PVC, a widely used material

As early as 1835, polyvinyl chloride was discovered by V. Lenio of the United States. When sunlight was used to irradiate vinyl chloride, it formed a white solid, namely polyvinyl chloride.

PVC was discovered twice in the 19th century, once in 1835 by Henri Victor Regnault and the other in 1872 by Eugen Baumann. On both occasions, the polymer appeared in the beaker of vinyl chloride placed in the sunlight and became a white solid. At the beginning of the 20th century, Russian chemist Ivan Ostromislensky and German chemist Fritz Klatte of Griesheim Elektron Company tried to use PVC for commercial purposes at the same time, but the difficulty was how to process this hard, sometimes brittle polymer.

In 1912, Fritz Klatte, a German, synthesized PVC and applied for a patent in Germany, but failed to develop a suitable product before the patent expired.

In 1926, Waldo Semon of B.F. Goodrich Company in the United States synthesized PVC and applied for a patent in the United States. Waldo Semon and B.F. Goodrich Company developed a method of plasticizing PVC by adding various additives in 1926, which made it more flexible and easy to process and quickly gained wide commercial application.

In 1914, it was found that the polymerization of vinyl chloride could be accelerated by using organic peroxides. In 1931, the German company adopted lotion polymerization to realize the industrial production of PVC. In 1933, W. L. Simon proposed to use high boiling point solvent and trimethyl phosphate to heat PVC and mix them to produce soft PVC products, which made a real breakthrough in the practical application of PVC. In 1936, the suspension polymerization of vinyl chloride and the processing and application of PVC were almost simultaneously developed by British Burnemn Chemical Industry Company, American Union Carbide Company and Gutrich Chemical Company. In order to simplify the production process and reduce energy consumption, Saint Gobain Company of France developed the bulk polymerization method in 1956. In 1983, the world’s total consumption was about 11.1 Mt, and the total production capacity was about 17.6 Mt; It is the second largest plastic variety after polyethylene, accounting for about 15% of the total plastic output. The PVC production plant designed by China was put into trial production in Liaoning Jinxi Chemical Plant in 1956. In 1958, the 3kt plant was formally industrialized, with an output of 530.9kt in 1984.

PVC was industrialized in the early 1930s. Since the 1930s, for a long time, the output of PVC has been ranking first in the world plastic consumption. In the late 1960s, polyethylene replaced PVC. Although PVC plastics now take the second place, its output still accounts for more than a quarter of the total plastic output.

Before the 1960s, the production of vinyl chloride monomer was mainly calcium carbide acetylene. Because calcium carbide production required a lot of power and coke, the cost was high. In the early 1960s, after the industrialization of ethylene oxychlorination to produce vinyl chloride, countries turned to cheaper oil as raw material. In addition, because a large proportion of PVC raw materials (about 57% by weight) are chlorine gas, which is an inevitable by-product of the soda industry, it is not only rich in raw materials, but also one of the important products for developing the chlor alkali industry and balancing chlorine gas. Therefore, although the proportion of PVC in plastics has declined, it still maintains a high growth rate.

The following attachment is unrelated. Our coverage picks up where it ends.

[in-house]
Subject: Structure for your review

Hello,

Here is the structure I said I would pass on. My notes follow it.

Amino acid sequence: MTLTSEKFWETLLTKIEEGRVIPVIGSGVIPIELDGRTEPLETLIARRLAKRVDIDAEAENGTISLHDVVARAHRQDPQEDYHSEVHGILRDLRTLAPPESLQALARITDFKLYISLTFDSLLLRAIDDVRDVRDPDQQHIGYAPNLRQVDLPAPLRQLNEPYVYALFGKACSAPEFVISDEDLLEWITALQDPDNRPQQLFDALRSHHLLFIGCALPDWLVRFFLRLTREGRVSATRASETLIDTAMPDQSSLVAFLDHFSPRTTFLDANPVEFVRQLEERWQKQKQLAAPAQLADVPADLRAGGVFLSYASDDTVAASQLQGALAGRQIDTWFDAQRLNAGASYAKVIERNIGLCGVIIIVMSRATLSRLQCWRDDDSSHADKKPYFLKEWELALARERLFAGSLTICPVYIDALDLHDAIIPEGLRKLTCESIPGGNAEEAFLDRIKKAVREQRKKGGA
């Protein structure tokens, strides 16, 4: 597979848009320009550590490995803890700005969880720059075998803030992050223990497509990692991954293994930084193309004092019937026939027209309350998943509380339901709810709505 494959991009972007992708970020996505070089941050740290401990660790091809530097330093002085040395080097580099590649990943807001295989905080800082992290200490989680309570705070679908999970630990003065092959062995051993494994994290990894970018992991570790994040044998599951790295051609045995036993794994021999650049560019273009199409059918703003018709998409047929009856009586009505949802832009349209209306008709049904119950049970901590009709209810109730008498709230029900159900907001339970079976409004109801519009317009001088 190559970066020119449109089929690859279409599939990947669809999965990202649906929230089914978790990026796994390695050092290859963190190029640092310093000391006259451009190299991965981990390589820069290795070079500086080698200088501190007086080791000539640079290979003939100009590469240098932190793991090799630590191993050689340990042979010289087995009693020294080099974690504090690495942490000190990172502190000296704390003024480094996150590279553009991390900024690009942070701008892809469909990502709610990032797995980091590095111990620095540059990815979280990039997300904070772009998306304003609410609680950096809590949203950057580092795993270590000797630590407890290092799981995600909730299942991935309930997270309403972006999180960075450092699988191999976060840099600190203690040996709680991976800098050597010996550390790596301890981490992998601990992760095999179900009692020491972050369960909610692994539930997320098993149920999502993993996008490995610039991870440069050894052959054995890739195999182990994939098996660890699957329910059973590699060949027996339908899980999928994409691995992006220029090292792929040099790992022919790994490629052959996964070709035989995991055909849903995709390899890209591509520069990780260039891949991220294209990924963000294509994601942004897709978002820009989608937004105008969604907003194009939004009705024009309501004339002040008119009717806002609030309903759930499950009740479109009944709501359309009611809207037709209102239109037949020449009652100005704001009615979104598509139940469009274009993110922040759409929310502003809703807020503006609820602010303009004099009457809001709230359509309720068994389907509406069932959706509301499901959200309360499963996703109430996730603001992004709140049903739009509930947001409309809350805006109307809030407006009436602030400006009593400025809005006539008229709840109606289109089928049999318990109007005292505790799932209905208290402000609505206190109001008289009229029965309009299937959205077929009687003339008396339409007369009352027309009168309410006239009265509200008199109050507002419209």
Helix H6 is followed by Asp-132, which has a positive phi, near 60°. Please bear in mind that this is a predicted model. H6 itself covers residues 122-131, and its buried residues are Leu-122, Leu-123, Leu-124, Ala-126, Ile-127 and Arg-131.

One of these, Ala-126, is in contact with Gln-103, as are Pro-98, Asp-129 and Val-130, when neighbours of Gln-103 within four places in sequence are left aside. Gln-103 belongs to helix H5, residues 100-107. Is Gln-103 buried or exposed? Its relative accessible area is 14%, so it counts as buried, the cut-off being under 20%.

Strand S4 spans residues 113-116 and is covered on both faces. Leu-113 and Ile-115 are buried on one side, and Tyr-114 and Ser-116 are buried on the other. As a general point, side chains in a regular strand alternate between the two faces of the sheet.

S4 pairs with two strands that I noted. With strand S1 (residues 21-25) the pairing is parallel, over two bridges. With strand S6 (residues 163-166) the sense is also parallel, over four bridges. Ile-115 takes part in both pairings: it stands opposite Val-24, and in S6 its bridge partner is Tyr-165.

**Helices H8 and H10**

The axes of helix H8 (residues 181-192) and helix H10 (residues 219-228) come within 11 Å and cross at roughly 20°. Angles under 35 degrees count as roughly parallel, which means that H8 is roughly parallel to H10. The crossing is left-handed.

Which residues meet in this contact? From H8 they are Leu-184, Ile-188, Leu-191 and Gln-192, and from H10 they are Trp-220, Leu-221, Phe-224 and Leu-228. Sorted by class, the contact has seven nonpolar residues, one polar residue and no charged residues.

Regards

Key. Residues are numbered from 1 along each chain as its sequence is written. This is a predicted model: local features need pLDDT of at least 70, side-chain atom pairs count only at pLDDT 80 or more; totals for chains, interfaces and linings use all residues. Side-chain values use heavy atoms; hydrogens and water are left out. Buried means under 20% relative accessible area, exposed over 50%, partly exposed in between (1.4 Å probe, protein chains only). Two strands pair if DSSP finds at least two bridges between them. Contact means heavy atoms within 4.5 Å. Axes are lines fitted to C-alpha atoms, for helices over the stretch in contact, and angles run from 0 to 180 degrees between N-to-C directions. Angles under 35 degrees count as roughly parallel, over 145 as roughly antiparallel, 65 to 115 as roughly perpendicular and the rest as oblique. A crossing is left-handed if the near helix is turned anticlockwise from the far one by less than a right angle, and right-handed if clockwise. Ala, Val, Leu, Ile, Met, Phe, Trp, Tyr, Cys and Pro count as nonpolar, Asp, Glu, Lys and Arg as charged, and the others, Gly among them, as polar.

PVC plastic products are widely used, but in the mid-1970s, people realized that the residual monomer vinyl chloride (VCM) in PVC resin and products is a serious carcinogen, which will undoubtedly affect the development of PVC to a certain extent. However, people have successfully reduced the residual VCM through automobile and other means, so that the VCM content in PVC resin is less than 10ppm, meeting the requirements of sanitary grade resin, and expanding the application scope of PVC. It can even make the VCM content in the resin less than 5ppm, and the residual VCM after processing is very little. It is basically harmless to human body and can be used as food and drug packaging and children’s toys.

According to polymerization methods, PVC can be divided into four categories: suspension PVC, lotion PVC, bulk PVC and solution PVC. Suspension PVC is the largest variety, accounting for about 80% of the total output of PVC. Suspension PVC is divided into six types according to the absolute viscosity: XS-1, XS-2… XS-6; XJ-1、XJ-2……、XJ-6。 The meaning of each letter in the model: X-suspension method; S-loose type; J-Tight type.

According to the amount of plasticizer content, PVC plastic olefin plastics are often divided into: non plasticized PVC, plasticizer content is 0; Rigid PVC with plasticizer content less than 10%; Semi rigid PVC with plasticizer content of 10-30%; Soft PVC with plasticizer content of 30-70%; PVC paste plastic with more than 80% plasticizer.

Leave a Comment

Your email address will not be published. Required fields are marked *